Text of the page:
With the pace of change accelerating, an open area of land adjoining the Clyde between Hamilton and Motherwell was developed and became Strathclyde Park, now one of Europe's best outdoor leisure facilities and one which attracts in excess of six million visitors each year.

Elsewhere, significant shifts were taking place in education, with the provision of an improved service to severely and profoundly handicapped pupils, opening up the system to adults who were invited back to school to take SCE grades - 84,000 have now done so - and the formation of the Strathclyde Schools Symphony Orchestra.

The pool of teachers was strengthened in 1979 when 30 US teachers were recruited, and the following year the Ethnic Minorities Scheme, set up with the help of Urban Programme funding, employed 50 teachers and support staff.

By the start of the next decade, the Strathclyde Employment Grants Scheme was launched, a project which over the years has attracted some #18m of European funding and helped create around 35,000 jobs.

An agreement with the SDA involved the allocation of #30m to ease some of the economic problems of Coatbridge, Motherwell and Kilmarnock - the first part of a massive #300m proposal to help areas hardest hit by the economic depression.

More investment in roads, lighting, bridges and piers throughout the region created or maintained another 5000 jobs.

All of these schemes attracted a great deal of media attention, but perhaps the council's smaller endeavours in social welfare and education - which had by now become an ongoing process - didn't receive the credit they deserved.

There were initiatives to help disadvantaged children in the region by pooling the resources of different agencies, recommendations for a charter of rights for children in care, new centres opened for adults with learning difficulties and an agreement with Scottish Ballet about the formation of the Dance School of Scotland, established in Knightswood Secondary School.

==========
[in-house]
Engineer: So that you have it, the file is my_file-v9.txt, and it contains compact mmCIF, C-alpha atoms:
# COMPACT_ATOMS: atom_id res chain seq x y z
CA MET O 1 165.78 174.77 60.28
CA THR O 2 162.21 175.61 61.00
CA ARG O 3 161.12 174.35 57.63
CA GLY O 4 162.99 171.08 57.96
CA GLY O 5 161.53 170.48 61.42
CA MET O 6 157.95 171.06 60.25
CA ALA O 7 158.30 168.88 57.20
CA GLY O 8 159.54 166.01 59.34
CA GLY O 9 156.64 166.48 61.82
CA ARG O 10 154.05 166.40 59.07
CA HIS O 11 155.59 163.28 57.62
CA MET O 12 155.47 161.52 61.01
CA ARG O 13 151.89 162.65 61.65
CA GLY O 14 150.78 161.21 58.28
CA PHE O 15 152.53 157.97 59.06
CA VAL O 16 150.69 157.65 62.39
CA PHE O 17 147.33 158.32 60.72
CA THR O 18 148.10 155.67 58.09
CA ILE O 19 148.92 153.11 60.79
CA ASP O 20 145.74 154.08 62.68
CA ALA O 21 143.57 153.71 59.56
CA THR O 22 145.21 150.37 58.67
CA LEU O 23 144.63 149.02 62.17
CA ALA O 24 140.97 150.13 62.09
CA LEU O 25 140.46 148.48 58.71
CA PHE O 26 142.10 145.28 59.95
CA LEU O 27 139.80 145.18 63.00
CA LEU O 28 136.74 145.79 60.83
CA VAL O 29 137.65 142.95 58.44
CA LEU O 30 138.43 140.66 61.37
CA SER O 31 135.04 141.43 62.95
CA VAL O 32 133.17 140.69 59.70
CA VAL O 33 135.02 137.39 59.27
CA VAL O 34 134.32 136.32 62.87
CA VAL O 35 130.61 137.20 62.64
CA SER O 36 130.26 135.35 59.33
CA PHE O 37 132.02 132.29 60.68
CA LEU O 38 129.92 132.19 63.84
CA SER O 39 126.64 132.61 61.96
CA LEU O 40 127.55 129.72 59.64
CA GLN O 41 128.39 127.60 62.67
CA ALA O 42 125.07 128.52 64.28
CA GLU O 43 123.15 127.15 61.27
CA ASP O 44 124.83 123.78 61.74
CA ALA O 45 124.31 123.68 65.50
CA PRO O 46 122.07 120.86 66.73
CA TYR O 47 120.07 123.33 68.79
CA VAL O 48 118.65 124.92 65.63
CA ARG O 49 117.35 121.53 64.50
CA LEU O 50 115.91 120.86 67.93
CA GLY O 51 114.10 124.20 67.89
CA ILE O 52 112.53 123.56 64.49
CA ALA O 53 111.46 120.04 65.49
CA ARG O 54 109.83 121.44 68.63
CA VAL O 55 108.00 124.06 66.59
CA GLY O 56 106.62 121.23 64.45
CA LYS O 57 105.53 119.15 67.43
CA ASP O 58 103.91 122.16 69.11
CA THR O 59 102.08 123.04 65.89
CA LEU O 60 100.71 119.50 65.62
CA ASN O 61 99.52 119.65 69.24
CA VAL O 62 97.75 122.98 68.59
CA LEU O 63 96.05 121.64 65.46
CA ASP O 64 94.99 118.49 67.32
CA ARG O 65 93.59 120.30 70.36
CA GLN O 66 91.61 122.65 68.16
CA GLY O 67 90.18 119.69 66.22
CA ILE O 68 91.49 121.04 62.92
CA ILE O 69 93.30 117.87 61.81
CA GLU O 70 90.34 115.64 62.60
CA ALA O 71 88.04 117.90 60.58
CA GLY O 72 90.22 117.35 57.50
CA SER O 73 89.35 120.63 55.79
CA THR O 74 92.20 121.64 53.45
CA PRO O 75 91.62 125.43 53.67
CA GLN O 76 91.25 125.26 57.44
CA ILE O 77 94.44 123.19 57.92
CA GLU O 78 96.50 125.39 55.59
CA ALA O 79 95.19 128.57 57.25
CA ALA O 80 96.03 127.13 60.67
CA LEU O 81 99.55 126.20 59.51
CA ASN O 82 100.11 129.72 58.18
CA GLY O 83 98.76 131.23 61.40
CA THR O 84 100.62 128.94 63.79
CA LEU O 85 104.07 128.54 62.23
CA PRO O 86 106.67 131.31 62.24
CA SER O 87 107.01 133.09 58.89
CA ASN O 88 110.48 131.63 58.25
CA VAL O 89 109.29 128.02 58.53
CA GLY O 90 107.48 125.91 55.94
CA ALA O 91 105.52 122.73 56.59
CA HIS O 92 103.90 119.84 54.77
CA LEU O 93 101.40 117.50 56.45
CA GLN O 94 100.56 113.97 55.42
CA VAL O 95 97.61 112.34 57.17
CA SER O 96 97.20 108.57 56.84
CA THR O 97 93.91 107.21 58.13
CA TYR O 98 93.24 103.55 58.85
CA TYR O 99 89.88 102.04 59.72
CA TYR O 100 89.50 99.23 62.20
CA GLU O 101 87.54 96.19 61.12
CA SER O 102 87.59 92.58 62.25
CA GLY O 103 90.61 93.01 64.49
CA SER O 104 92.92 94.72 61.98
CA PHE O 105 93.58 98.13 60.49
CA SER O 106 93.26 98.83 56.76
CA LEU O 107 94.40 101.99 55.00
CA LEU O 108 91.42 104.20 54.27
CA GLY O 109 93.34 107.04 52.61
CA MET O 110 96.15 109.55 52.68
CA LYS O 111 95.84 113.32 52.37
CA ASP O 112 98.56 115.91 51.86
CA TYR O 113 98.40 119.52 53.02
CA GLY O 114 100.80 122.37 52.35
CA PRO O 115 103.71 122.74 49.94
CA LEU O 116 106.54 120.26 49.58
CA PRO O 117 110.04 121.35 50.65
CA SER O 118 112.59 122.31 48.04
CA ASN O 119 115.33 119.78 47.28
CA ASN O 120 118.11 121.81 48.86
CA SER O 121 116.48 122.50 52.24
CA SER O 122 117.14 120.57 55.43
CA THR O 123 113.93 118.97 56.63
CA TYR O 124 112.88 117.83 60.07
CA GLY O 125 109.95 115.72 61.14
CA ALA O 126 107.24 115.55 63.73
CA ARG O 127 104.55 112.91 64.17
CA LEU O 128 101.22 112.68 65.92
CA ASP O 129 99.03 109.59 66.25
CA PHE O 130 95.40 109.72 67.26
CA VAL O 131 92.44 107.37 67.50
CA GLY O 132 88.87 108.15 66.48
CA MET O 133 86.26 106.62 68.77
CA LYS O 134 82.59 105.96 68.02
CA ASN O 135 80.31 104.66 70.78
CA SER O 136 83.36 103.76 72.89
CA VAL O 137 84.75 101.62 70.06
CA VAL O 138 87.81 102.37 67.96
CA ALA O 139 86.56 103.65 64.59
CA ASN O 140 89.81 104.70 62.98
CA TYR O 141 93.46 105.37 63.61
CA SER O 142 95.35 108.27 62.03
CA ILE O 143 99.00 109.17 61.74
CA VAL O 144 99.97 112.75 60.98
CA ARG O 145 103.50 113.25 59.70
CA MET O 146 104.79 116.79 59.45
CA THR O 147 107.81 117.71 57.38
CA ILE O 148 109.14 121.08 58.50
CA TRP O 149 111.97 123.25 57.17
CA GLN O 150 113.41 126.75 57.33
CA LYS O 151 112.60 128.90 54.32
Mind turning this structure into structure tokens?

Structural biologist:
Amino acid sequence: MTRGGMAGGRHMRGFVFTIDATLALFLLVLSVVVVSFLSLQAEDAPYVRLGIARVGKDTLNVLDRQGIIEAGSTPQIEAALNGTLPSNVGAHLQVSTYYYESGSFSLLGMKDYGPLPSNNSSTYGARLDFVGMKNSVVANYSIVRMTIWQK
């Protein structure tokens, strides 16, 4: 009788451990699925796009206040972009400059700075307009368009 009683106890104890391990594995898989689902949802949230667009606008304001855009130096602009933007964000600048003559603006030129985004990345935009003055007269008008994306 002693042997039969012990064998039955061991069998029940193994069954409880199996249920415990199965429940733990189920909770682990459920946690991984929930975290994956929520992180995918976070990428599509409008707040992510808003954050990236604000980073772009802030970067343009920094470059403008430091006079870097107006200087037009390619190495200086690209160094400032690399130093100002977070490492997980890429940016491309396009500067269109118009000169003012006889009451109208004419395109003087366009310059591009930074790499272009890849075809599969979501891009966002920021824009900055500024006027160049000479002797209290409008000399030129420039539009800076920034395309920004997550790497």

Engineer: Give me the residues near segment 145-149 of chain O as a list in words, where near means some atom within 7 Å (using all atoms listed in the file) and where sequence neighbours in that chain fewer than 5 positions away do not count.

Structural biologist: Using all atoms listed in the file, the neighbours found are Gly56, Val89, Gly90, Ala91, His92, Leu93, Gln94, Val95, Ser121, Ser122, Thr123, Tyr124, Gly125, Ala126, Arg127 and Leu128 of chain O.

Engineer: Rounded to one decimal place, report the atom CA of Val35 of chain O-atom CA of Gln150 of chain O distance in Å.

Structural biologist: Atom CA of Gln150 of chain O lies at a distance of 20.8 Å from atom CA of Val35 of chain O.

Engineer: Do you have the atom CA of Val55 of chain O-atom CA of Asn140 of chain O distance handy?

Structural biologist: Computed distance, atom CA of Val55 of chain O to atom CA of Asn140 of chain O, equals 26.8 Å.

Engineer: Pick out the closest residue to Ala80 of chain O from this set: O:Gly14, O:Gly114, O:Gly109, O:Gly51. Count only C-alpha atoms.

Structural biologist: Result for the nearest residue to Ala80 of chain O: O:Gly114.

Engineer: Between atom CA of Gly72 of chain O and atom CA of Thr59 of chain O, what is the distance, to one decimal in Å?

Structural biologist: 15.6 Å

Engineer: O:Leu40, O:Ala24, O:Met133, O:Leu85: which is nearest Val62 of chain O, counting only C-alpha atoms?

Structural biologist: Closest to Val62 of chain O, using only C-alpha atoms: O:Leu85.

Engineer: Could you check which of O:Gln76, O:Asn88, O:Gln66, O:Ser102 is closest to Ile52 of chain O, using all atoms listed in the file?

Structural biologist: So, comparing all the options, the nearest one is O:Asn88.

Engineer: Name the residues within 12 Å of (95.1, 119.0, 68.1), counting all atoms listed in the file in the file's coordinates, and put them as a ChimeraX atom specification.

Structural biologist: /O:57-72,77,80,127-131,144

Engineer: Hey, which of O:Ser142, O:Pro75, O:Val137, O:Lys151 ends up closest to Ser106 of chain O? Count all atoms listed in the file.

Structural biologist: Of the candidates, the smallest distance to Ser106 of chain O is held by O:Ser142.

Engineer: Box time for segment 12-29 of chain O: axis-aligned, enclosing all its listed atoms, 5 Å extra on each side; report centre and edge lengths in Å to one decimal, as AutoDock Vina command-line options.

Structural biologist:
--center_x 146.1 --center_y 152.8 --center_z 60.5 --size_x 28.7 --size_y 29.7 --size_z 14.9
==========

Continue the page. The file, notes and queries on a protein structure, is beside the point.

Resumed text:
Scotland's heritage was acknowledged too, through the opening of the first Gaelic unit in the Sir John Maxwell Primary School, this being augmented by a language teaching scheme for primary schools piloted in 1989 in preparation for the Single European Market.

This is just to skim the surface. To chronicle every achievement of the 21 years of Strathclyde Regional Council would take much more space than we have available in this feature.

In his outgoing report, Robert Gould, leader of the council, said: ``In spite of the requirement to contain expenditure within tight statutory limits throughout most of its life, this council has maintained its commitment to the aims which are expressed in the Corporate Strategy, (contained in the report), in other policy statements covering social and economic development, planning, transportation and in departmental service plans.''

The evidence, he concluded, is there for those who are willing to judge it fairly. Strathclyde has served the people of this region well, he added.

Suffice to say, the new councils waiting in the wings have a great deal to live up to, but the hope is that, by utilising the expertise of the old regional council staff and both completing existing plans while initiating new projects, the people of Strathclyde will continue to enjoy an extraordinary standard of public service.

The foundations are in place. The hope now is that the building work will continue to make satisfactory progress.